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Institutional & Retail Investors: Customer Strategies For Centralized Exchange (CEX) Operators

Mar 15, 2022

Understanding one’s audience is one of the most critical challenges for any enterprise. This challenge is especially important in the case of digital asset exchanges, where the line between audience, or customer segments, can get blurred. Identifying potential users is an important task in deciding the type of exchange or brokerages services to integrate.

The approach to target each customer is then at least as demanding as identifying the user. Cryptocurrency exchanges have a dilemma — adapt their client strategy to their product, or adapt the product offering to a predetermined client strategy. They can offer more complex and valuable functionalities to professional traders (such as margin trading and leverage), or look for clients that are beginners in the space, thus focusing on the product offering, the user experience, and educating the user.

One of the benefits of building up your exchange with a white-label service provider is that you can do both simultaneously.

Mapping potential users of crypto exchanges

In order to develop a marketing and product strategy, one needs to first understand users’ problems and needs. Likewise, it is fundamental to understand the potential user personas that might become a part of the ecosystem.

We find several user personas, and classify them into two major categories: institutional and retail investors.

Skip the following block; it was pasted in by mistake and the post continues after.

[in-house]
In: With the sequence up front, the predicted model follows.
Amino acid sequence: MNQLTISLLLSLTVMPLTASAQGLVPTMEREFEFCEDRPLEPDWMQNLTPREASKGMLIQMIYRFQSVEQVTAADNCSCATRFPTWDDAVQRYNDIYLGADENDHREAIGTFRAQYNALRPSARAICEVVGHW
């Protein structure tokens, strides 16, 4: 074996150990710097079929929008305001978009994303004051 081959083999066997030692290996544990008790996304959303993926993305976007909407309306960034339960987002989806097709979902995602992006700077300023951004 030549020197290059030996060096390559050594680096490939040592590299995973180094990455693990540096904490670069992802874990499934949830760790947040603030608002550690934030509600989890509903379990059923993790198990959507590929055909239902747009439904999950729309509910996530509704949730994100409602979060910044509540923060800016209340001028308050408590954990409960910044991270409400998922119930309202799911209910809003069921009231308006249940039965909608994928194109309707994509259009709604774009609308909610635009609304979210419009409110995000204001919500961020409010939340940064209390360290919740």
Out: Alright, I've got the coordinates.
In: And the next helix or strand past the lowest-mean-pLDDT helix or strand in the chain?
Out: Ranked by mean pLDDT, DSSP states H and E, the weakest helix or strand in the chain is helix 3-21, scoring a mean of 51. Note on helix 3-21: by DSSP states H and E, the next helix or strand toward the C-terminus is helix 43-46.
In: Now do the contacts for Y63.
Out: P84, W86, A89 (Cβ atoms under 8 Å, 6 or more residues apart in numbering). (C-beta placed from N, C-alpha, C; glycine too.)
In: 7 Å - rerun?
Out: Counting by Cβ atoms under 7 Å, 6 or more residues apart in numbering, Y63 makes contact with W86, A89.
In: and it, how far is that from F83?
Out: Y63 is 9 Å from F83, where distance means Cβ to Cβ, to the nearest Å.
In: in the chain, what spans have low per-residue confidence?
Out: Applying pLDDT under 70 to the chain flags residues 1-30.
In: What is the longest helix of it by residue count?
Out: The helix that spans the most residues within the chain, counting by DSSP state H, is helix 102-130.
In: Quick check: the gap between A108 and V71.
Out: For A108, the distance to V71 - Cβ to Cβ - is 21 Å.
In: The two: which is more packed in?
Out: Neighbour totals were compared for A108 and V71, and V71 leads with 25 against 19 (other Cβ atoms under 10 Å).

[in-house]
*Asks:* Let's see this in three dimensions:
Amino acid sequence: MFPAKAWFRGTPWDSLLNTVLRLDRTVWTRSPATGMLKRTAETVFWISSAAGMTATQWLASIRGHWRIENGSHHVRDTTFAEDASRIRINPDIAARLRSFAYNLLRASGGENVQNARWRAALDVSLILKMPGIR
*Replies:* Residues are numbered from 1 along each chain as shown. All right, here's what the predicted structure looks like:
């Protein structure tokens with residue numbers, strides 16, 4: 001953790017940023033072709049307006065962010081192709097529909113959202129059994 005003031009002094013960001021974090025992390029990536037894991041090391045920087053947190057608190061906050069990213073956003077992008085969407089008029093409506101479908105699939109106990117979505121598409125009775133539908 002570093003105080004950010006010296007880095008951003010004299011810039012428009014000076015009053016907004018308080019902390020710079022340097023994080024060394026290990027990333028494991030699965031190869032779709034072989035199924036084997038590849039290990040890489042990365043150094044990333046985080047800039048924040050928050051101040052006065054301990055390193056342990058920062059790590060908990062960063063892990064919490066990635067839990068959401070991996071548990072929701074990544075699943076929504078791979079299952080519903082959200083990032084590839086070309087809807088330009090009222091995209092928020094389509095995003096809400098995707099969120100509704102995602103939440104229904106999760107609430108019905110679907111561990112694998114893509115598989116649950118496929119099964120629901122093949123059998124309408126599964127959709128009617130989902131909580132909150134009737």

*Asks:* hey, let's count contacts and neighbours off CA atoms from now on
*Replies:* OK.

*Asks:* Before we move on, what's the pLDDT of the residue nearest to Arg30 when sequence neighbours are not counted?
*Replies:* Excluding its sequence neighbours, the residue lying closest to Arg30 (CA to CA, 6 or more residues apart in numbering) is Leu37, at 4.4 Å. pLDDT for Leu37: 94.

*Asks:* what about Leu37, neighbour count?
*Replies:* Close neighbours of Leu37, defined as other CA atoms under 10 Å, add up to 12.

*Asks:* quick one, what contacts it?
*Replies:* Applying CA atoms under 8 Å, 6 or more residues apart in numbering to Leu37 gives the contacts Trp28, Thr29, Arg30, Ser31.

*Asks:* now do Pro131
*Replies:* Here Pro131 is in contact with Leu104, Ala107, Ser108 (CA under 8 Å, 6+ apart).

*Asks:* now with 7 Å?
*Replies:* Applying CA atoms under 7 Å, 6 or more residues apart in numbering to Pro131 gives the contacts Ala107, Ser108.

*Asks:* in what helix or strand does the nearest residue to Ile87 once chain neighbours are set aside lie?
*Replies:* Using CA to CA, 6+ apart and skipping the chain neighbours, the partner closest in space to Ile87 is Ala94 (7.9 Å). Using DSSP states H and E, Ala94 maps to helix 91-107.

Institutional Investors

This category is primarily composed of professional traders, institutions (investment funds, mutual funds, pension funds), brokers, and high-net-worth individuals. Actors within this category are primarily concerned with:

Liquidity — Deep liquidity for the asset pairs provided on any exchange is an absolute necessity for institutional investors. The bigger the investor’s traded volumes, the more liquidity is needed to account for price impact, slippage, transaction fees, and more. Covered by a lack of regulatory requirements, some cryptocurrency exchanges are incentivized to synthetically produce high volume and mislead investors into assuming that the exchange can offer deep liquidity.

Scalability — Institutional investors require higher technical assurances than retail investors do. Cryptocurrency exchanges that continuously suffer from outages caused by increased adoption and trading volumes can have high costs on any yield-generating or hedging strategies. The impossibility to deposit or withdraw large sums of funds promptly prevents users from taking advantage of market opportunities, such as momentary arbitrage trading strategies.

Margin, options, and futures — Big institutional clients have, on average, higher trading needs. Counting on the possibility of leveraging trading, hedging, borrowing and more can persuade institutional actors to decide on one exchange over the rest.

Through leverage trading, institutional investors can access bigger funds to trade and take advantage of market opportunities, potentially maximizing benefits in a way not previously possible. Similarly, margin borrowing can reap diversification benefits when initial funds are not enough to take a position in a number of assets because of their price or minimum buy-in.

Shorting provides an excellent possibility to take advantage of markets (or assets) in downward trends, or even hedge against adverse movements.